The Digital-Ink Edition Tuesday, February 28, 2017

iPad Artist Turns His Side Hustle Into Official NBA Art, by Lance Ulanoff, Mashable

Strong, thick digital ink lines give Robert Generette III's sports figures shape, while comic book-bright colors bring them to life. They’re not just sketches on an Instagram feed, but bodies in motion, pitching, shooting baskets, running, punching, yelling. Often at full-tilt.

This is sports as it should be depicted and as masters like the late LeRoy Neiman have done before him. But where Neiman's sports illustrations were bright, splashy and chaotic. Generrett's are concise. The energy that Neiman tended to splash out is contained inside of Generette's works, so that they vibrate with a barely-contained energy.

It’s the power of those images, virtually all of them drawn with an Apple Pencil on an Apple iPad Pro running Adobe Draw, and Generette’s virtuoso talent that got him and his work noticed over and over again. Now he's creating arresting sports illustrations for not one, but two leading NBA teams, the Warriors and the Wizards, which happen to be facing off on Tuesday in Washington D.C.

My 2015 MacBook Pro Retina Exploded., by Daniel Dourvaris, Medium

One afternoon as I was lying on my bed browsing the internet, my MacBook Pro suddenly turned off. I turned it back on and within a few seconds there was weird hissing sound, followed by white smoke and thin flames coming out of from the back.

I got up and ran with the laptop for the bathroom where I could put it on the ceramic tiles. Not more than ten seconds had passed and already the heat from the bottom of the laptop burnt my middle and ring fingers so badly I had to let it drop. Just in time.

Mozilla Acquires Pocket To Gain A Foothold On Mobile Devices, by Casey Newton, The Verge

Mozilla has acquired Pocket, a kind of DVR for the internet, for an undisclosed sum. The 9-year-old company, which makes tools for saving articles and videos to view them later, is Mozilla’s first acquisition. It represents a homecoming of sorts for Pocket, which began life as a Firefox extension before eventually expanding its team and building a suite of apps for every major platform. Pocket has been Firefox’s default read-it-later service since 2015.

Living With Your iPhone

The Snooze Button Is The Most Dangerous Part Of Your Phone, by Molly Olmstead, Slate

If you doze after your first alarm, your body gears up for another full cycle of sleep. When the second alarm jerks you awake during the beginning of your next sleep cycle, that incomplete cycle can leave you with worse sleep inertia.

No, Cellphones Don’t Cause Cancer. Probably, by Matt Simon, Wired

But you might have heard that you should really worry about the radio waves that spew out of your cellphone—that they can cause brain cancer. That too, I’m happy to report, probably isn’t true. At least, no one has yet proven a solid link between cancer and phone use. But that’s where things get complicated.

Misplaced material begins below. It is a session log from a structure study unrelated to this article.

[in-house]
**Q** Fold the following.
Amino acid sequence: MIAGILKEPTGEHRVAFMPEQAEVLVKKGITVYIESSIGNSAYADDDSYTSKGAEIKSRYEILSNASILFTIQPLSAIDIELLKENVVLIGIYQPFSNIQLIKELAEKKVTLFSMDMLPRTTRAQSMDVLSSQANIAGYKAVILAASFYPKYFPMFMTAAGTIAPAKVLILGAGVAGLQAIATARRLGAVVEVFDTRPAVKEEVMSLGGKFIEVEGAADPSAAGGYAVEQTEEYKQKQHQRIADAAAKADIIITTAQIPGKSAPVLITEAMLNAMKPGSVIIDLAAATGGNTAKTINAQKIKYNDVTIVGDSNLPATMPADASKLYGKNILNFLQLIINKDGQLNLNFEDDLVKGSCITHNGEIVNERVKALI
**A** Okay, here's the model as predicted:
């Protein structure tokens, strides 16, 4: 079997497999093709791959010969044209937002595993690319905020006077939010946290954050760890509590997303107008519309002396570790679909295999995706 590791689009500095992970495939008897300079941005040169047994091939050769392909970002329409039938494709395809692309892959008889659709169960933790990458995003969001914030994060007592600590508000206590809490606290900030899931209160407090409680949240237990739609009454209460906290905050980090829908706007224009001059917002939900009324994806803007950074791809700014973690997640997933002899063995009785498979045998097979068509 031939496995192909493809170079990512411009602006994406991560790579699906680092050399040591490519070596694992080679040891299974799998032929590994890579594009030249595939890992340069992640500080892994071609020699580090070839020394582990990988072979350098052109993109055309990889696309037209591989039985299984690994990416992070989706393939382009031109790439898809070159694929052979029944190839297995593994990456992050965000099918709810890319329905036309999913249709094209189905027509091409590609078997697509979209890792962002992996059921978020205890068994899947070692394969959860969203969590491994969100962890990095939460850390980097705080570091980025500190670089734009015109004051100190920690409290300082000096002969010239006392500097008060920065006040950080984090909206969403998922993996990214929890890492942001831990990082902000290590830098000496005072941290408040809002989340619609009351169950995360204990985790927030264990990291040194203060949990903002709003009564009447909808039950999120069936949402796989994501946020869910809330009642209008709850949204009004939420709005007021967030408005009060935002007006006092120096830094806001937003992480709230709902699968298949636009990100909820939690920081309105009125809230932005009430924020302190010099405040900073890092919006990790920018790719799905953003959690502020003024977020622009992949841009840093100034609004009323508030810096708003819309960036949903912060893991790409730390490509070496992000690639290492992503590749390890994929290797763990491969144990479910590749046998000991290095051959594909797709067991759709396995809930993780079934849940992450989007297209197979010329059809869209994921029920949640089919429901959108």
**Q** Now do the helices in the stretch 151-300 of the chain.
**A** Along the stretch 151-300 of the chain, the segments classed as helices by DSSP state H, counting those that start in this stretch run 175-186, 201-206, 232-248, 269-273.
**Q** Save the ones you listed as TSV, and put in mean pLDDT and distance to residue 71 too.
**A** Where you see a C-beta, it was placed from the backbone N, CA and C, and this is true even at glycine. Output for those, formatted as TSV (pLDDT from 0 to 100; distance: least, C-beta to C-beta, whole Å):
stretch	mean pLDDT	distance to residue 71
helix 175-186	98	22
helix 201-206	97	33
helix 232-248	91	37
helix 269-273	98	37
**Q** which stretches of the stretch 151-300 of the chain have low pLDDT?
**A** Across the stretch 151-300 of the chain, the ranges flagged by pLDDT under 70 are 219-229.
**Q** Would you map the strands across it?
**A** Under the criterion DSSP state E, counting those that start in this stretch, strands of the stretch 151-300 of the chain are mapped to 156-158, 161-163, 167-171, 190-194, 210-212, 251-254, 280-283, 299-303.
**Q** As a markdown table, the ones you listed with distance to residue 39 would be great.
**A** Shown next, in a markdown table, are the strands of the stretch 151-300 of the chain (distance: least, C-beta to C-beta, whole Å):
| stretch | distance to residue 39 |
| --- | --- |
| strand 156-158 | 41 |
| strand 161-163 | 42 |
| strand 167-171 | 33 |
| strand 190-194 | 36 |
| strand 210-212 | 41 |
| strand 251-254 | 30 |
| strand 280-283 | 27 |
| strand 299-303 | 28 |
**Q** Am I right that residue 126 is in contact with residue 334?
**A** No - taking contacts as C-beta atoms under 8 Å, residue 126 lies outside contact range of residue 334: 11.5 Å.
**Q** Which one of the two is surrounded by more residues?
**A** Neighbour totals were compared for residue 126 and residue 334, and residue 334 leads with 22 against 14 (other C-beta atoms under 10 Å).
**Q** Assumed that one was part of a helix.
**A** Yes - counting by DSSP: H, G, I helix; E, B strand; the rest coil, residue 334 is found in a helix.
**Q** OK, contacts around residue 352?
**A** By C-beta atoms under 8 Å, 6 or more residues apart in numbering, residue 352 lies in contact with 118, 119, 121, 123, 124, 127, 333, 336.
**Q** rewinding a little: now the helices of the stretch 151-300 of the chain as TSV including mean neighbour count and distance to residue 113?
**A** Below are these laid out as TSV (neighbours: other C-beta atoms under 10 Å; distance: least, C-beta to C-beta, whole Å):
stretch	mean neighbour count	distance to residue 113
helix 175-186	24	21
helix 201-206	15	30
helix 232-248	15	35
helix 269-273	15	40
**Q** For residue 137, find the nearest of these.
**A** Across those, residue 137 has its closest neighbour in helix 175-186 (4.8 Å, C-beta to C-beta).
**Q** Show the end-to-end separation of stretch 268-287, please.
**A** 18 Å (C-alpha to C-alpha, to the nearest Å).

SanDisk Unveils Two 256GB Flash Drives For The iPhone, iPad, by Brent Dirks, AppAdvice

With the app, iPhone or iPad users can automatically back up their Camera Roll, content from social networking sites including tagged photos. The app also allows users to view videos encoded in popular formats.

The Flexibility Of Audio Hijack 3, by Jason Snell, Six Colors

Audio Hijack 3 has become my go-to tool for recording audio for podcasts and pretty much everything else on my Mac. But even if you’re already using Audio Hijack, you may not realize just how flexible its modular, block-building approach allows it to be.


SAP Tips iOS Enterprise App SDK, Expands Apple Partnership, by Rob Marvin, PC Magazine

The SAP Cloud Platform SDK for iOS is designed for the developers and designers within a business to build enterprise-grade iPhone and iPad apps built on the newly re-branded SAP Cloud Platform and built-in Apple's Swift programming language.


Twitter, Live, And Luck, by Ben Thompson, Stratechery

Twitter is still selling the exact same value the service offered back in 2006 — “live commentary, live connections, live conversations” — and the only product ideas are to do what old media like television does, but worse: becoming the first screen for what is happening now means a screen that is smaller, more laggy, and, critically, in the way of seeing the actual tweets one might care about.

It’s also an example of the worst sort of product thinking: simply doing what was done before, but digitally.

There's An App For That But Good Luck Finding It, by Lauren Gilmore, The Next Web

When you’re drowning in a sea of too much choice, you can become overwhelmed and give up entirely. Or, you can clog your phones and desktops with apps you actually never plan on using. FOMO, anyone?